The U.S. women’s national team won the 2022 SheBelieves Cup after beating Iceland 5-0 in a must-win game on Wednesday, and goal-scorers Catarina Macario and Mallory Pugh were among the players that successfully auditioned for the chance to lead the USWNT into the future.
While the USWNT’s fifth SheBelieves Cup trophy is a strong finish after a rocky start last week, the real purpose of this tournament for coach Vlatko Andonovski was not to win hardware but to find unpolished gems — players with upside who can carry the USWNT into the future as the team regenerates. Macario and Pugh lead a list of players who have forced Andonovski to give them further looks.
“We’re leaving this tournament feeling like we are moving in the right direction,” Andonovski told ESPN when asked about whether any players had improved their standing in the team. “They proved they are capable of winning games.”
Macario’s breakout performance of the SheBelieves Cup revved up in the 37th minute. She chased down a ball on the left flank, cut, and then fired from the corner of the penalty box, blasting a rocket to the far post that skidded off the inside frame and in. The placement was perfect: Just an inch or so further to the right, and the ball would’ve clanked off the post and out to safety. A bit closer to the left and goalkeeper Sandra Sigurdardottir would’ve had a chance to tip it away.
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“I have been practicing that for a while,” Macario said. “Sometimes it doesn’t come off, but the fact that it happened today was surreal. As soon as I hit, I was like ‘OK, that was some good contact.'”
She followed it up with another splendid goal in the 45th minute. A pass from Pugh went behind Macario and left her chasing the ball away from goal, and Macario surprised everyone by swiveling her hips around it and chipping it inside the far post netting.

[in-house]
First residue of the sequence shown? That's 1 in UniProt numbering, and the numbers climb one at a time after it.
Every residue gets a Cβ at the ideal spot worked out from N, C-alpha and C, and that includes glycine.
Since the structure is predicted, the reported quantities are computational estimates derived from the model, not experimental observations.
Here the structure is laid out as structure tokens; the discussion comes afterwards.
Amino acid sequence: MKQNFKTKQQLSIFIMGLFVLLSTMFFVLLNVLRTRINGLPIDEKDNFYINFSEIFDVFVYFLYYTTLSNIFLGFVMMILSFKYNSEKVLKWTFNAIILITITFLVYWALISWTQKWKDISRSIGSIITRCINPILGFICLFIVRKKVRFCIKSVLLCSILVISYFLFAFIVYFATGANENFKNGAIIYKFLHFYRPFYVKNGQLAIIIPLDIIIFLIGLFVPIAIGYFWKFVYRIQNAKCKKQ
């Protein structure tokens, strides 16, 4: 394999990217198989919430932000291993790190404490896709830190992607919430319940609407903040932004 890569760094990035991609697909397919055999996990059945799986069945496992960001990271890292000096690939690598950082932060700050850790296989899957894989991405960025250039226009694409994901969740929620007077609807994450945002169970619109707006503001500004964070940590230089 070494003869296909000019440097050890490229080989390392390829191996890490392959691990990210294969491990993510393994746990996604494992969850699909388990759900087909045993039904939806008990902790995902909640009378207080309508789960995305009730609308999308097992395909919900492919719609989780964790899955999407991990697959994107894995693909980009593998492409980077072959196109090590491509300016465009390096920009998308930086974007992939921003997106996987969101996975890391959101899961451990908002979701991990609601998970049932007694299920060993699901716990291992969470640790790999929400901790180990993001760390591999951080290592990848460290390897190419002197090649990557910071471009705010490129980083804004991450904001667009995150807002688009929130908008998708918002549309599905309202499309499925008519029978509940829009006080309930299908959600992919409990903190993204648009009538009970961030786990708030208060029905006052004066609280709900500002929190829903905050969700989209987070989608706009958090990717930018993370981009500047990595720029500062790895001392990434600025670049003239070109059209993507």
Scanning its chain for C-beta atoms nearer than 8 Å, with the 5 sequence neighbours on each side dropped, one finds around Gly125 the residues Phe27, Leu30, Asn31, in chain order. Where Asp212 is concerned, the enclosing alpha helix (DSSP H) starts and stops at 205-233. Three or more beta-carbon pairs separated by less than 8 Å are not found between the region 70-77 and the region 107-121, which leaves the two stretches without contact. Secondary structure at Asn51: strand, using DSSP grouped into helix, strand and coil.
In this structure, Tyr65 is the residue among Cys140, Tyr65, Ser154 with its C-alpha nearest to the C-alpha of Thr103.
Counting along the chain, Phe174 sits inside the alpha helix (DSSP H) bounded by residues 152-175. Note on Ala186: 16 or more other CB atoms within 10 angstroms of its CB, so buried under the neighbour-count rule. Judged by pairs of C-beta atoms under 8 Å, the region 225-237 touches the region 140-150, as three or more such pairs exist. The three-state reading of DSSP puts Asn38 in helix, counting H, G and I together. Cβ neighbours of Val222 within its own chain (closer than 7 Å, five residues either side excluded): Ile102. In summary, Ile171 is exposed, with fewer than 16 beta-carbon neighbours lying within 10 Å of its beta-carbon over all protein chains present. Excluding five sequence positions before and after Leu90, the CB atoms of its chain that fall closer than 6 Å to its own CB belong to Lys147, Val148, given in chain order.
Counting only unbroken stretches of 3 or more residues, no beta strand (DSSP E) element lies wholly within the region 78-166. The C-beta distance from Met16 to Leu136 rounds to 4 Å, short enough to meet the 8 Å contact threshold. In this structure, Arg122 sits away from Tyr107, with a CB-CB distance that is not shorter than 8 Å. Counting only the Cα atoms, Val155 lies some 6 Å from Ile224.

“Goals like that should be on highlights reels all over the world,” Andonovski said. “What makes me happy with Cat is not just the goals she scored but how she was able to get other people involved.”
Fun fact: Since Macario’s USWNT debut in January 2021, no USWNT player has scored more goals from outside the box. Also: This was the second time that Macario had scored multiple goals from 15-plus yards out in a single game — the only other USWNT player to do that in the last five years was Alex Morgan in the famous 13-0 win against Thailand at the 2019 Women’s World Cup.
“You give that girl a little bit of space and she’s gonna finish,” Pugh quipped of Macario’s goals.
Pugh picked up where Macario left off in the second half with a well-taken goal of her own in the 60th minute. Ashley Sanchez slipped a nice through-ball into Pugh’s path, and she ran onto it, taking on goalkeeper Cecilia Runarsdottir and tucking it into the far post.